Iowa City Groups Share 21-only Ordinance Concerns with Council

Downtown business owners have joined forces with Partnership for Alcohol Safety to suggest tweaks for 21-Ordinance Exception Certificates.

When the Iowa City Council passed the 21-only ordinance in 2010, raising city bars’ entry age from 19 to 21 after 10 p.m., a major goal was to curtail excessive underage drinking in downtown Iowa City.

But some local bar and restaurant owners say the ordinance needs some tweaking, due to a few bars finding ways to bend the rules, mostly involving the uneven distribution of exception certificates.

"In this year since the ordinance has come into effect there are certain individuals who are going to work around the ordinance and that's being accomplished through the exemptions," said Bo James Owner Leah Cohen. "It's really presented an unequal playing field for restaurant-bars downtown."

Cohen addressed the council Tuesday night, representing seven owners of 12 downtown bars and restaurants that took part in a list of recommendations presented to the council in an effort to make these 21-only exemptions more fair.

The recommendations discussed at Tuesday's meeting can be found at http://www.iowa-city.org/Weblink/DocView.aspx?id=1146098&Page=158.

The six-month exemption for new businesses is part of the problem, along with the 50-percent rule, Cohen said.

When establishments reap more than 50 percent of their revenue from food, they are exempt from the 21-only law. These types of businesses include the Airliner, Buffalo Wild Wings, Graze, Mickey’s, The Saloon, Short’s Burger & Shine, and Sam’s Pizza.

"What we have seen happened is some places are getting away with a lot," Cohen said. "We are really asking you to look at this and get this ordinance tweaked so we don't go backward."

In addition, some longstanding restaurants, like the Fieldhouse and the Airliner, have changed owners and gained the status of a new business, along with a coveted exception ticket.

"Currently a bar with an exception certificate has a lot of financial incentive to not do much about underage access to alcohol," said Kelly Bender, the coordinator of Campus and Community Harm Reduction Initiative at the University of Iowa. "They are attracting very large audiences so there is a lot of profit that comes with that."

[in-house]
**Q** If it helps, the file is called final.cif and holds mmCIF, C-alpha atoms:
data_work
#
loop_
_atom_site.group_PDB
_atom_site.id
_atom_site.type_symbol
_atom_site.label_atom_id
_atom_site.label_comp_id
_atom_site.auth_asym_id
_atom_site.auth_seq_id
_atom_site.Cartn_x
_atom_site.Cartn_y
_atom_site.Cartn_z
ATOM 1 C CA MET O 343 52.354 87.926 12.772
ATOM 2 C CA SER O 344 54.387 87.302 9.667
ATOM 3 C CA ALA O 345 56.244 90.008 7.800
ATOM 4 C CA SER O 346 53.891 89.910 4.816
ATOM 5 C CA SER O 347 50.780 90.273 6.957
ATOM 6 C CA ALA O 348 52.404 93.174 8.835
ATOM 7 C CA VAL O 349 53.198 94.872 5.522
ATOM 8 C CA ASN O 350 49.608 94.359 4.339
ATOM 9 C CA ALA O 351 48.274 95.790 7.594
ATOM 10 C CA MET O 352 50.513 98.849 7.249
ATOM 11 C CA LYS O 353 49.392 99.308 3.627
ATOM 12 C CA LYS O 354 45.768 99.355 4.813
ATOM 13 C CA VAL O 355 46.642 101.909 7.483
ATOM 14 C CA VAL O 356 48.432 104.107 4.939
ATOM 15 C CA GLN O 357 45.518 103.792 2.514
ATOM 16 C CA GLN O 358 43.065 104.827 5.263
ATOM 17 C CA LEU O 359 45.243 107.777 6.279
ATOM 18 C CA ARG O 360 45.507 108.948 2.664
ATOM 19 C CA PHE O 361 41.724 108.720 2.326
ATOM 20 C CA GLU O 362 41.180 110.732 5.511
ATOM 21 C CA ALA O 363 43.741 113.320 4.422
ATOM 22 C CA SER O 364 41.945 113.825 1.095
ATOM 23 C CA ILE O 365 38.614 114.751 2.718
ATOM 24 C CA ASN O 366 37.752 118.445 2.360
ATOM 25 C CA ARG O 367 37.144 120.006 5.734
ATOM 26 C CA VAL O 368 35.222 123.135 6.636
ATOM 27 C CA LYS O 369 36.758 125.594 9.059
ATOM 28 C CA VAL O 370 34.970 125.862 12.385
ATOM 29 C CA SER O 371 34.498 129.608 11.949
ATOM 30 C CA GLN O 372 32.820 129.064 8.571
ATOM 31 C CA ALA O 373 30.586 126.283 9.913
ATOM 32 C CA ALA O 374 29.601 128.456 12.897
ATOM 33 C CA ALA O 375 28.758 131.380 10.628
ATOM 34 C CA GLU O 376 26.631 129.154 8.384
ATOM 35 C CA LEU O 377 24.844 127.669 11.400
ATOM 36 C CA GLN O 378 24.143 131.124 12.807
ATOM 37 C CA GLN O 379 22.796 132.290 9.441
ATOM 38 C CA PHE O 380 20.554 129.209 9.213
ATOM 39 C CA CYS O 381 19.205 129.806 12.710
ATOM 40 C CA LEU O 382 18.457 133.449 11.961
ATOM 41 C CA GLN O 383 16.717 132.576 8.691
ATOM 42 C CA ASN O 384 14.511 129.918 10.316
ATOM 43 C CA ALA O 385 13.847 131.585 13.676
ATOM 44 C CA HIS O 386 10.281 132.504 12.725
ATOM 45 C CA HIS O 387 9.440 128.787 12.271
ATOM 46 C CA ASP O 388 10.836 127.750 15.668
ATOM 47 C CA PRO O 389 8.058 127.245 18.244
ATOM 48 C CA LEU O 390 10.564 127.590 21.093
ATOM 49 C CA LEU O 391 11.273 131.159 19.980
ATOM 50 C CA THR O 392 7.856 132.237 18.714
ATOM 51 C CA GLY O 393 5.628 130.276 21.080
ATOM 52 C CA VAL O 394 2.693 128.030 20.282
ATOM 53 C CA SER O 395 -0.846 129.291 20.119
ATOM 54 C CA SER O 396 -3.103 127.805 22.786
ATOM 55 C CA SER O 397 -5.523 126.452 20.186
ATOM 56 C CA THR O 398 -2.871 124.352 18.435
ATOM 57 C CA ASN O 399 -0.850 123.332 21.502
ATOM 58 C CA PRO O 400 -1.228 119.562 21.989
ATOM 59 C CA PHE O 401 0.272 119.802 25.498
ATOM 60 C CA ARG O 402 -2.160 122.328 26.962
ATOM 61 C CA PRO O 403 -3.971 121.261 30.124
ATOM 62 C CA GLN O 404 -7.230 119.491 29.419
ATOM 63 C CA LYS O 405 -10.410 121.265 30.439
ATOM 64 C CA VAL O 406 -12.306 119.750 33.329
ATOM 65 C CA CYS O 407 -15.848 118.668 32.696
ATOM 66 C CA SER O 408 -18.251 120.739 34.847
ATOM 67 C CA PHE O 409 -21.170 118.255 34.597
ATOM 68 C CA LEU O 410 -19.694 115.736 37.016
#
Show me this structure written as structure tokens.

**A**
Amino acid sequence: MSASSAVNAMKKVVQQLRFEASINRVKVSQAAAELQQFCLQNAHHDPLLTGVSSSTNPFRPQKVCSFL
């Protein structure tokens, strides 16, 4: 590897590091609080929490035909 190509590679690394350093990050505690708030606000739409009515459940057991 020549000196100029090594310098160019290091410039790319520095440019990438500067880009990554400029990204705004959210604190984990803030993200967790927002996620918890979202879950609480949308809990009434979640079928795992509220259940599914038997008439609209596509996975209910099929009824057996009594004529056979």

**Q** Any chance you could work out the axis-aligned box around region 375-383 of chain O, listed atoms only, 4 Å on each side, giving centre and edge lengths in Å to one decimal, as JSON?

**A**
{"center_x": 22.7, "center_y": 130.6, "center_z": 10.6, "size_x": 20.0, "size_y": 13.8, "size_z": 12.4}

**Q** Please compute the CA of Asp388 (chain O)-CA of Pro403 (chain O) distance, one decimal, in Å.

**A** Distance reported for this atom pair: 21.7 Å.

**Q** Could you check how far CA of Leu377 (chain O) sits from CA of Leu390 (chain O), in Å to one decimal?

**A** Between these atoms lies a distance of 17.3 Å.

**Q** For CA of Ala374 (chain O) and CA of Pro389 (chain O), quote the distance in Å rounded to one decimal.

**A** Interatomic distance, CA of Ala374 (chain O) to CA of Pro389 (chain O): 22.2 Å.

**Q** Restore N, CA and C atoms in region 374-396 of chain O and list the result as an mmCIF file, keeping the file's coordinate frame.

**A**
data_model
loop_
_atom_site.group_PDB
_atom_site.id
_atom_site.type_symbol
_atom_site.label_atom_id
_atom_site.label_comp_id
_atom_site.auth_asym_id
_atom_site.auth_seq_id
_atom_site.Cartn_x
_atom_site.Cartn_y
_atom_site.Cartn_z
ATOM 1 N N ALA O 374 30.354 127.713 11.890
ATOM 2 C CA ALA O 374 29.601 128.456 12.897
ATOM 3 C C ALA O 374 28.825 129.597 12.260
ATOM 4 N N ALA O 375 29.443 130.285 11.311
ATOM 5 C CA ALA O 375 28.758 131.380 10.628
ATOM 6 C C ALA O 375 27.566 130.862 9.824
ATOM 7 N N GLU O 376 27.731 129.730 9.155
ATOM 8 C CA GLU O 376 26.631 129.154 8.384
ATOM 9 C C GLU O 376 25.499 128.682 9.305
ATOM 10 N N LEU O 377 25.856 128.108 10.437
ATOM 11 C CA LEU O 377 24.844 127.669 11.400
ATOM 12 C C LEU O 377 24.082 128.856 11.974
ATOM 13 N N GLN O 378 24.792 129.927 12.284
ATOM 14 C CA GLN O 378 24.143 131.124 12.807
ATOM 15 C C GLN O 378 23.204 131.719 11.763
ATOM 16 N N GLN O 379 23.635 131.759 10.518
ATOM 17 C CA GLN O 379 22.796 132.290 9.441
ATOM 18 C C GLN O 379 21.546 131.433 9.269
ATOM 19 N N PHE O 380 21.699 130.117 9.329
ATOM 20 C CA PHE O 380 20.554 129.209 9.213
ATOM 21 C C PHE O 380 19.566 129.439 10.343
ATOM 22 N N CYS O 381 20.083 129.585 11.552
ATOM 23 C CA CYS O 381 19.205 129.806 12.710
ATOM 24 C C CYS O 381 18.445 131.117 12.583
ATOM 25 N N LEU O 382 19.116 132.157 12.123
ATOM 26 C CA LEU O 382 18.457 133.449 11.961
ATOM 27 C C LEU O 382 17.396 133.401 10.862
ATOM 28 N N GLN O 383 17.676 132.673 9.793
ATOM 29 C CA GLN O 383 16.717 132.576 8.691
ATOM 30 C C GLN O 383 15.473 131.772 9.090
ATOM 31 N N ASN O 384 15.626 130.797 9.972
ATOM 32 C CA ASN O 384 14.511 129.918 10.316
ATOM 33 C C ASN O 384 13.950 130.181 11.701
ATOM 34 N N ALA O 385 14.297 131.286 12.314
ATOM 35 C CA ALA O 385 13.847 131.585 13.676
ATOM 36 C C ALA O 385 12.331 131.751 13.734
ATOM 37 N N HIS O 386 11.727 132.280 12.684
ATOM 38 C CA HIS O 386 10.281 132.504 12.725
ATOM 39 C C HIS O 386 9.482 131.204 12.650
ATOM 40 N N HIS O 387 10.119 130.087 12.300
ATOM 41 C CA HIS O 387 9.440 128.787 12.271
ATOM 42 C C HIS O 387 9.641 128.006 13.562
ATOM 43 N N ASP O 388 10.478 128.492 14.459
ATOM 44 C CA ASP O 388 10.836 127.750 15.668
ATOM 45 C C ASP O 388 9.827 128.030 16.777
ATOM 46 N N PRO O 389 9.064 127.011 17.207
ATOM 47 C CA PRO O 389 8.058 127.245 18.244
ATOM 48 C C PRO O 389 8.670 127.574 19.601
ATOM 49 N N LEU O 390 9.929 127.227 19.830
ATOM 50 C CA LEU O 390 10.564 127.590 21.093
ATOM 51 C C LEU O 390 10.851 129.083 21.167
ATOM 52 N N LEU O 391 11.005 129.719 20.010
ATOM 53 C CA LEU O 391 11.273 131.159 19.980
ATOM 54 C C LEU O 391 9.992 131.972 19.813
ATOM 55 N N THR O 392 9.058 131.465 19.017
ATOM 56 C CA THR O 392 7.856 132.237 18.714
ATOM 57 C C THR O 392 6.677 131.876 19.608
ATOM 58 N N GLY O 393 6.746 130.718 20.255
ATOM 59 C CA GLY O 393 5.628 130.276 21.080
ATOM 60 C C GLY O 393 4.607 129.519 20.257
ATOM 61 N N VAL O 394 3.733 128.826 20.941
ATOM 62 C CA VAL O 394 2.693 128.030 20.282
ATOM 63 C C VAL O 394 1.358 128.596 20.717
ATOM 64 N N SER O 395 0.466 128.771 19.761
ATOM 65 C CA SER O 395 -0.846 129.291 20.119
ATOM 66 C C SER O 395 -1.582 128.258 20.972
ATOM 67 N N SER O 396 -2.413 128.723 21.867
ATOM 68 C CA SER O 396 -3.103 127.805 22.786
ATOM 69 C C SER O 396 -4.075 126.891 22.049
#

Because of this, the main thrust of the suggestions to the council are to modify the exceptions to make sure that the establishments are a 50 percent food establishment, and that they are maintaining an environment where underage drinking arrests remain below a set threshhold. If either these are violated, the groups suggest that the exception certificate should be revoked.

Bender is also the coordinator of Partnership for Alcohol Safety, a collaboration between the city of Iowa City and the University of Iowa to identify and advocate for strategies that reduce high-risk drinking and promote a vibrant downtown. Both Cohen and Iowa City Mayor and Council Member Matt Hayek serve on PAS, Cohen as a committee member and Hayek as co-chair.

The exception certificate allows some bars to reap the benefits of more alcohol sales with none of the legal risk, Bender said.

"There is incentive obviously not to sell alcohol to a minor because if they get caught with that, then the bar suffers the consequence of that as well as the server," she said. "But if the young person just has alcohol - for instance that is served in a pitcher - and they're at the table and have access that way, and it's not sold directly to them, it's the young person that has the consequence and the bar doesn't have one."

Another recommendation for tweaking the 21 Ordinance Food Related Exception Certificate included streamlining PAULA (Possession of Alcohol Under the Legal Age) data to include both University of Iowa police and Iowa City police force data when checking the 0.5 Paula ratio.

Currently, the bars that physically separate drinking from non-drinking patrons during special events, like concerts, can take advantage of the entertainment-venue ordinance only if they have a 0.5 or less PAULA ratio and put on 150 shows a year.

By adding the University PAULAs to the Iowa City Police data, the figures should more accurately reflect their number, Bender said.

"We're not against people being able to draw large audiences of young
people downtown, that was in fact the goal of having an exception
certificate is to be able to still have that possiblity down there," Bender said. "But we just want them to practise responsbile alcohol sales and
service that prevent underage access and excessive drinking." 

Cohen said with the help of Iowa City Attorney, Eleanor Dilkes, the city council will have the chance to discuss and vote on a formal list of finalized recommendations at their next meeting, scheduled for Tuesday, Sept. 6.

"Our purpose was to really get a diverse viewpoint about what might
work and what might not," Bender said. "So we had a lot of conversation with a lot of different directions before we got to the recommendations that we finalized and sent to you."


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